I started drinking and drugging at 13, and quit just before I was 30. Life as a dyke in the 1970s was not easy, so booze and drugs made it all seem easier. My dad is an alcoholic and I think his dad was too. I’m the only one who got sober, and I needed AA to help me do it. There were parts of AA that didn’t fit my feminist perspective, but one thing that was said regularly at AA meetings in my early days of sobriety was “take what you want and leave the rest.” It helped a lot, as did learning to appreciate the simple pleasures in life.

    I hope my blog might help some dykes out there who are trying to get sober and stay sober. I have so very many wonderful experiences that came into my life since I got sober, so I keep working at it and try to remember to be grateful every day.

  24. I feel like a lot of these feelings can apply to depression also. The whole “No one notices” thing totally happened to me when I had severe depression. Things just fuzz together and no one wants to notice that you are kind of not all there.

    • I second this. And the losing time part of depression (for me) mirrors what Interrupted Girl said about not remembering days or months. It’s not that I was blacked out, it’s just that nothing caught my interest enough for me to remember it for days or weeks at a time.

  25. i don’t have anything very productive to add, but. i think this was beautiful; thank you for sharing with us.

  26. Thank you for telling your story. I think AS needs this perspective.
    I am still shocked about the way alcohol/drugs is portrayed on this site, like it’s not really a problem. The Weed and Wine post left me totally perplexed, especially since it was suggested as being “relevant to my interests” which made me wonder if queer=drinking? Also if this site has any respect for people who are trying to have a less destructive relation towards alcohol/drugs.

    In Sweden, alcohol is both glorified and recognised as a problem. Since I quit drinking after a bad hangover 5 months ago I realize how limited I am, like I don’t really want to go to any bars or anywhere where drinking is expected. THANKFULLY there is some recognision in the queer community that it’s a problem that people are expected to drink alcohol, and I’ve recently been to queer/pride events that do NOT sell any alcohol, which also made it easier for younger people to join, because there doesn’t have to be an age limit (which made me unexpectedly find my little sister at a club held by a pride event!) Anyway, I want to create spaces that are free from a normative way of expecting everybody to drink, and this being the only way of having fun.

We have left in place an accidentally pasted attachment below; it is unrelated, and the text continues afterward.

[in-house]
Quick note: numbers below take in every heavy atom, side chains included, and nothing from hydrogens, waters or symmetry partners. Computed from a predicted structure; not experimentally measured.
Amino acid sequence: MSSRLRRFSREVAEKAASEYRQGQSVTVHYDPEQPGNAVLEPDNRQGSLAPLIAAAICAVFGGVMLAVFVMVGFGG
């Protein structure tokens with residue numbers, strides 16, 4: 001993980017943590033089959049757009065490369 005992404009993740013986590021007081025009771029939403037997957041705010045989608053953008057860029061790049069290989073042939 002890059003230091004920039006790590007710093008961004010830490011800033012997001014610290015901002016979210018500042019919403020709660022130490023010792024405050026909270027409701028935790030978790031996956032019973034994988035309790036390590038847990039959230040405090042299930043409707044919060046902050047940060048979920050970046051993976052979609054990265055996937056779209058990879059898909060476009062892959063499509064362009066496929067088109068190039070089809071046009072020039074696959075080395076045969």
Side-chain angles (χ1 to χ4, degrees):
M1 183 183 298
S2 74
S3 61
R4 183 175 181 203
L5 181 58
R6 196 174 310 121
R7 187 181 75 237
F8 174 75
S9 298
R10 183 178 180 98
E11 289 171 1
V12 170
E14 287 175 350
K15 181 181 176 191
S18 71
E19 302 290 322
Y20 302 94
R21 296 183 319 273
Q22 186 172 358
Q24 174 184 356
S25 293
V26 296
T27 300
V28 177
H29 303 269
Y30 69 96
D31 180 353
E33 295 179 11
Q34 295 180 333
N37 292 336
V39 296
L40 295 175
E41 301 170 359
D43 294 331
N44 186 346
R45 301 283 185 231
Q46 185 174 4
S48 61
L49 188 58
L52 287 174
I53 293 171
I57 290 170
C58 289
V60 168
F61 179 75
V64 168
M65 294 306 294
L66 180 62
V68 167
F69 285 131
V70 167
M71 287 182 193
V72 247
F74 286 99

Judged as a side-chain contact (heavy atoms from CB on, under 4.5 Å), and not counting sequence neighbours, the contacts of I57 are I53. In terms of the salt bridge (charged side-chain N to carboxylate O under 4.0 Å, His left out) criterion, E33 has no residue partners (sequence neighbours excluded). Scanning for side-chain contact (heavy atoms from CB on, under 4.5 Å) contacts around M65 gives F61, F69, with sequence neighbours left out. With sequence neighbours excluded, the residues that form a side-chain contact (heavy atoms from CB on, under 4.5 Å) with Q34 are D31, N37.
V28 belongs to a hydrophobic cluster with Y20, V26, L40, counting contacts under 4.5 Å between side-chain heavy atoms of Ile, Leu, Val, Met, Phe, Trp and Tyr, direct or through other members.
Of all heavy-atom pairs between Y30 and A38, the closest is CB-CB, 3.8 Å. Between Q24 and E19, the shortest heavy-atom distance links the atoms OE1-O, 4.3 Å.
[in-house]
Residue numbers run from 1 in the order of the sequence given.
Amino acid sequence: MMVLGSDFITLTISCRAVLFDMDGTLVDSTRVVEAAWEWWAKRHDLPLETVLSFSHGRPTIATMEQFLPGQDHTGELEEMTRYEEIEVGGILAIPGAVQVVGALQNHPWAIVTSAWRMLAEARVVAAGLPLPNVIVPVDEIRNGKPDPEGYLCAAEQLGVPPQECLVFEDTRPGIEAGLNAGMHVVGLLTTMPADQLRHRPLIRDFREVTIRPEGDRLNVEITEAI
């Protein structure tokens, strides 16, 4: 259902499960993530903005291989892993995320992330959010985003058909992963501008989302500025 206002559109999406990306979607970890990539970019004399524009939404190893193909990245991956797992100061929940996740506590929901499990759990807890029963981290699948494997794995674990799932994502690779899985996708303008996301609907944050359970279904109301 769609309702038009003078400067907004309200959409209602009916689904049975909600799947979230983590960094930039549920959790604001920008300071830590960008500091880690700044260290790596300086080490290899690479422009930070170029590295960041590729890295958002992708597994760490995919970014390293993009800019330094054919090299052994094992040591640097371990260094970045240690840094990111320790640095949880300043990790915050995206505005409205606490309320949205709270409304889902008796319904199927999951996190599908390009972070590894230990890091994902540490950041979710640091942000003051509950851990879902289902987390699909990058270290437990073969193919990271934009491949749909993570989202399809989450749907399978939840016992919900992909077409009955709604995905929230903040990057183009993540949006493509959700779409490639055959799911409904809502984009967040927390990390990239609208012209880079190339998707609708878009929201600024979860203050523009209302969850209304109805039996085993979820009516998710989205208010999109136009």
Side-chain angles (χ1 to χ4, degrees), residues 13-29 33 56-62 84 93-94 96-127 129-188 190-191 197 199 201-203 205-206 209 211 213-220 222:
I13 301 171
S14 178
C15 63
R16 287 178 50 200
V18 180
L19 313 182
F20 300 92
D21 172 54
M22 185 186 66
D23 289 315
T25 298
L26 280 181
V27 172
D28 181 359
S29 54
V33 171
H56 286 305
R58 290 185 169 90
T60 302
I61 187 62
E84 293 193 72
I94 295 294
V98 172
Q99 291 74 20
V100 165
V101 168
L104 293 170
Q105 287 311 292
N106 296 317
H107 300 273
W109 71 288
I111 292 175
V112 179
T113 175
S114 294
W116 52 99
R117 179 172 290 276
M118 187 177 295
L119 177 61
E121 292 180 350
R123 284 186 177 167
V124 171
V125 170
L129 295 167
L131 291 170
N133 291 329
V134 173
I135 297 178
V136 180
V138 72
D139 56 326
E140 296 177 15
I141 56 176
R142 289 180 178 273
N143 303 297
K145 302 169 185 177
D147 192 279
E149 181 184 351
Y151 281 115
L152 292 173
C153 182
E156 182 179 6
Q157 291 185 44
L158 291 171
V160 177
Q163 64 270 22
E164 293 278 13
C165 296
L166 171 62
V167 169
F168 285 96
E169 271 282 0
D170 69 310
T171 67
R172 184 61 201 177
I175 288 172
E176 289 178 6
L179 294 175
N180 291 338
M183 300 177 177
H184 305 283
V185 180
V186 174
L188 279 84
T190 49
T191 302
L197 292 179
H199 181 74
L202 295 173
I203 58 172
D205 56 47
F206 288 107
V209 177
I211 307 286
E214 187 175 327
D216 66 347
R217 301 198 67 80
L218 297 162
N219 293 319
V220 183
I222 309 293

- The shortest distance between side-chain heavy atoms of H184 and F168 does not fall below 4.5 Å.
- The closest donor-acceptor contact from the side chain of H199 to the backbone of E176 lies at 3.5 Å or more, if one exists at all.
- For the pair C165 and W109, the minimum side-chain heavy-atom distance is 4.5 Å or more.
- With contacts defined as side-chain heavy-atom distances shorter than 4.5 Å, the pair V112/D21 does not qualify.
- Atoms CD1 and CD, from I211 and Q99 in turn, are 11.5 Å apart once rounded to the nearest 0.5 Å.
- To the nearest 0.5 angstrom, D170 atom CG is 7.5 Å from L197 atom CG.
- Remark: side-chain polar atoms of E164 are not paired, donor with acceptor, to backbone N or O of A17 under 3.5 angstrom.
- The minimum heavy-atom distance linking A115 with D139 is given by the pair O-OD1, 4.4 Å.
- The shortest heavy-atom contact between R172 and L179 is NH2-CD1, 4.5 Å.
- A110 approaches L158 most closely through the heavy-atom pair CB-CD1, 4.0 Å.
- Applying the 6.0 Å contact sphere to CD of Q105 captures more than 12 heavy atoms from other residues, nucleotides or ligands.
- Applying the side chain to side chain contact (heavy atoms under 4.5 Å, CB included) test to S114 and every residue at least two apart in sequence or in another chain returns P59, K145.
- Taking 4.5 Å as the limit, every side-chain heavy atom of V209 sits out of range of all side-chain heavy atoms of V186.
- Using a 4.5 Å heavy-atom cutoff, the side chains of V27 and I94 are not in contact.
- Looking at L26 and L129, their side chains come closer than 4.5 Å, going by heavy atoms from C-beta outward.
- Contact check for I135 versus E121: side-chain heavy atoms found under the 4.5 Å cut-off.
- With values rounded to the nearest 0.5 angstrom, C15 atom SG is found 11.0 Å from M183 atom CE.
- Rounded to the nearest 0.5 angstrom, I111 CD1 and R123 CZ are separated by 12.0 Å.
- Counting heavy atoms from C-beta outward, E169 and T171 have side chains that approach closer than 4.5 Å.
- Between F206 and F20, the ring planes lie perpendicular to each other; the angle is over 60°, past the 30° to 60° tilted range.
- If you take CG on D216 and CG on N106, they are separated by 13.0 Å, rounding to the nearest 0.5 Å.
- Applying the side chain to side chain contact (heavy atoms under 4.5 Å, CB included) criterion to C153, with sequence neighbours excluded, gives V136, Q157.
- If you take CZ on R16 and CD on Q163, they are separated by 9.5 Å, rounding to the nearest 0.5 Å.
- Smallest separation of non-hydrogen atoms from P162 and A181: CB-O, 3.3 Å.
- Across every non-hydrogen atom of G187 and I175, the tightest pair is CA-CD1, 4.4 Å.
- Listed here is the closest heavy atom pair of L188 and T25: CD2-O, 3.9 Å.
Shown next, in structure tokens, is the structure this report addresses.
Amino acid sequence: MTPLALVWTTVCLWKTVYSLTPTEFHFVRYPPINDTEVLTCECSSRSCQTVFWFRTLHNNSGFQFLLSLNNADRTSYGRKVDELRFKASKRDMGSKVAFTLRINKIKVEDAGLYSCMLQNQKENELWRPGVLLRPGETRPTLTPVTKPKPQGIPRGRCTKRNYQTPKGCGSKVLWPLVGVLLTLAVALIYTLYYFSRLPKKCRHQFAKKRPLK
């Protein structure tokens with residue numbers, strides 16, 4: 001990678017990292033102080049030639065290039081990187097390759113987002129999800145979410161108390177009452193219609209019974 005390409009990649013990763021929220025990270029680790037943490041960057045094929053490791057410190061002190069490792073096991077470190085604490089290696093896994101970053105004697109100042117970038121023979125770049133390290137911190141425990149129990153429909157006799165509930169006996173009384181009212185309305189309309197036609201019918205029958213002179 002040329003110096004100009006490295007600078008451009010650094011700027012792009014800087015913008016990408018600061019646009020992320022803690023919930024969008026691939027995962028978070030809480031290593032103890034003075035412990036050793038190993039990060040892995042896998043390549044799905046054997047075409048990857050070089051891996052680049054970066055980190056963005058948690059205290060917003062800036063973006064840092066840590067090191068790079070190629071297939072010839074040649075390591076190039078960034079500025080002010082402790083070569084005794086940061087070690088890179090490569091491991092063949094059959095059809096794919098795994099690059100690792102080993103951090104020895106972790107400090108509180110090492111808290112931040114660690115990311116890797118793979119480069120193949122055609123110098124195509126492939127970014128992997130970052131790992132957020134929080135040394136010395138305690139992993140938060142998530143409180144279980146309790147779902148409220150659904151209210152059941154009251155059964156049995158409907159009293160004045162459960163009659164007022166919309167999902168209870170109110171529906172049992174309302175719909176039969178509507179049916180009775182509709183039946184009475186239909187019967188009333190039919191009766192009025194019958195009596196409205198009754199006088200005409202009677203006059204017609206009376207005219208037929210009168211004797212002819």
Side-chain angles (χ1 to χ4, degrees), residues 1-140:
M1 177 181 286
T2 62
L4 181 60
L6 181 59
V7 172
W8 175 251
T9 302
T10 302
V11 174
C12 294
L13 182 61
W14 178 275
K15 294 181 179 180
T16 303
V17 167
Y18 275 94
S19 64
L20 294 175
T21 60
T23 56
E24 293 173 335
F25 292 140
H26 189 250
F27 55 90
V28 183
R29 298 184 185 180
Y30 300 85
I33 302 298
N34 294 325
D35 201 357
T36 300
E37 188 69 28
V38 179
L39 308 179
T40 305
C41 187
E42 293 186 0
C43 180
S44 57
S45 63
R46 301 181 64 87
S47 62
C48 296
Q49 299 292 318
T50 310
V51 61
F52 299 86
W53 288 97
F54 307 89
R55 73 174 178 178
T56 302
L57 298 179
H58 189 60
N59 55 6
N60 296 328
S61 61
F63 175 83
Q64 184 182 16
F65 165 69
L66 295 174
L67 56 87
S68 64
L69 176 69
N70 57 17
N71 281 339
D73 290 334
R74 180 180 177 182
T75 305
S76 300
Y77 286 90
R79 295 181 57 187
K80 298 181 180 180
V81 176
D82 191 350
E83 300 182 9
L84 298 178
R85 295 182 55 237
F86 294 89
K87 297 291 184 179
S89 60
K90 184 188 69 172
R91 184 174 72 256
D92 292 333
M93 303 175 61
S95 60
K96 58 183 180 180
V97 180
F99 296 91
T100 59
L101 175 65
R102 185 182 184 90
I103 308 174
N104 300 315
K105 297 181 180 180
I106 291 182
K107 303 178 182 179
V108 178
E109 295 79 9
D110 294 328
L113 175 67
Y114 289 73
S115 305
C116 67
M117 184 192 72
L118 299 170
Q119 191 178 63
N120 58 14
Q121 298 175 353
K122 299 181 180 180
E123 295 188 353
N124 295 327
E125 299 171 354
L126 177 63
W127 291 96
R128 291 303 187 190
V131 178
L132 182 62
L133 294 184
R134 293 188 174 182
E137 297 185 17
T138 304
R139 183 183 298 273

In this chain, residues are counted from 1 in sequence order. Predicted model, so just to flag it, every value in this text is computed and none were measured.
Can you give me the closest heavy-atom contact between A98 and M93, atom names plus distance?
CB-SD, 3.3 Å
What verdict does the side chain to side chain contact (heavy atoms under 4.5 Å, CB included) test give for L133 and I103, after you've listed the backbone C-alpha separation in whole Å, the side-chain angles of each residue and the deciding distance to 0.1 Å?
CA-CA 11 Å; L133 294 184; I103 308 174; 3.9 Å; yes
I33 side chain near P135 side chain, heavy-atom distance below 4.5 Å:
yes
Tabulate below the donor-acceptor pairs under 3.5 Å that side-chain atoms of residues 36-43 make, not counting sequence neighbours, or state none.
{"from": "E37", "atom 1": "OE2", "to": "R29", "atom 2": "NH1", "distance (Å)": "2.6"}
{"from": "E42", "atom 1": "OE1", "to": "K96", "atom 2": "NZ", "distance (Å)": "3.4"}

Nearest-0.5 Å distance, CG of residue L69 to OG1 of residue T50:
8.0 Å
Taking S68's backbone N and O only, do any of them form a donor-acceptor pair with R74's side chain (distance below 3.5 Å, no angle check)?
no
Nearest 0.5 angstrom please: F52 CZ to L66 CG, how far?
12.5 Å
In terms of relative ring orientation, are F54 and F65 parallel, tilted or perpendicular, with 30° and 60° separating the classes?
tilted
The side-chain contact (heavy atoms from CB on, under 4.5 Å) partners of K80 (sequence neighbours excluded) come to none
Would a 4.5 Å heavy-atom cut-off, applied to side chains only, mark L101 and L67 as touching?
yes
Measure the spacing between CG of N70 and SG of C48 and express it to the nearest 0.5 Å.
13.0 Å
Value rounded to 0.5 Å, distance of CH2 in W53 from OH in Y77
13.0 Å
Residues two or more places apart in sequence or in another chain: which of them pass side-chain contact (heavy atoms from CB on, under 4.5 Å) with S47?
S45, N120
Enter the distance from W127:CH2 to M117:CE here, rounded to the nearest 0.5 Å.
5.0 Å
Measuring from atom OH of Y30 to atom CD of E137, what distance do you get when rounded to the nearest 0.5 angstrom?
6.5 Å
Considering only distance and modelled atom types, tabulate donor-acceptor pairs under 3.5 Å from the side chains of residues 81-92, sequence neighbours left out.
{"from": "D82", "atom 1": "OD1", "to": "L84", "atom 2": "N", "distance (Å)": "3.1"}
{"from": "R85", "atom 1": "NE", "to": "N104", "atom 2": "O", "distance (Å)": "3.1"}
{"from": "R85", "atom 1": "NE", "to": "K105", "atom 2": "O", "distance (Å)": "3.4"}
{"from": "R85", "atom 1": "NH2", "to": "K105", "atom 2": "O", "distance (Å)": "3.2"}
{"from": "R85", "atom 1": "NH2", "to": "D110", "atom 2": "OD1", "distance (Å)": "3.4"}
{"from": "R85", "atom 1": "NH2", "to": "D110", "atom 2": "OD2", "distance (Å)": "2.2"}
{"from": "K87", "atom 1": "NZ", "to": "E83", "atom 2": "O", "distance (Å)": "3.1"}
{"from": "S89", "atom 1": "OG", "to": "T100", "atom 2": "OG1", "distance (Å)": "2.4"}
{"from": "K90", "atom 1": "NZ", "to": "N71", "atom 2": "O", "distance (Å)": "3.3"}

• Wow, I’m impressed you posted this under your name! I’m too chicken, but I agree with everything here. Like I posted some posts up, nearly every time alcohol is mentioned here its in a oh so cool way. I nearly stopped reading after the weed and wine post, it really sketched me out. Also if you read the A-Camp recaps it sort of makes you wonder if the majority of the staff was consistently drunk…I’m sure/hopeful they weren’t, but the amount of times alcohol/hangovers/getting drunk was mentioned seemed disproportionate…and the opposite of cool.

      • I understand that there are plenty of people who choose not to drink alcohol, and also that some people end up having a problem with/addiction to it (which is obviously a serious matter), but many many people drink on a social basis because they enjoy doing so and experience no problems from it. That is a completely normal thing, which is why it’s treated as such on here.

        I’ve never seen anyone on this site judge anyone for not drinking — they’re even having a sober cabin at camp to ensure people can do that — so maybe you could take care to extend the same courtesy in reverse.

        • I don’t really see how I was judgmental towards people with healthy attitudes towards alcohol. If thinking that Autostraddle, as a whole, does not promote a healthy attitude towards drinking is judgmental, well, sue me, that’s my opinion.

        • And you know what? Your entire response pissed me off. It was basically the most condescending thing ever. Thanks so much for “understanding” that some people are addicts. That’s very big of you.

          “but many many people drink on a social basis because they enjoy doing so and experience no problems from it.”

          I mean, do you really think I don’t fucking know this? Seriously?

        • “so maybe you could take care to extend the same courtesy in reverse.”

          Are you serious? Because that is so condescending. Sorry you have this disease and people in this community frequently joke about it but what you need to do is be more courteous of these people who can’t relate and are joking about it? What?

      • i feel terrible writing this bc i dont want the people that run this site to feel attacked because I LOVE YOU but if AS is about promoting honesty, the honest truth is that i kinda agree. i just have to say that as a person who is trying to live sober and recovering from a eating disorder (both stemming from having a lot of trouble coming out), it can be difficult when your fav queer site seems to talk a lot about drinking and really really thin people eating cheese and peanut butter all day and still being really really thin. its all about context. there are some great posts like this one and others that promote healthy eating/healthy life/recovery but the first person stories are often difficult to read and i dont like that about myself. most of the time when i feel that way, i blame myself for being too sensitive. but hearing my feelings echoed here by other readers i just want to say that sometimes it is hard for me too,guys.

        good luck to anyone out there recovering (esp the author of this post. you write beautifully. keep going.). there are probably far too many of us reading this site that are in some form of recovery. one day at at time right?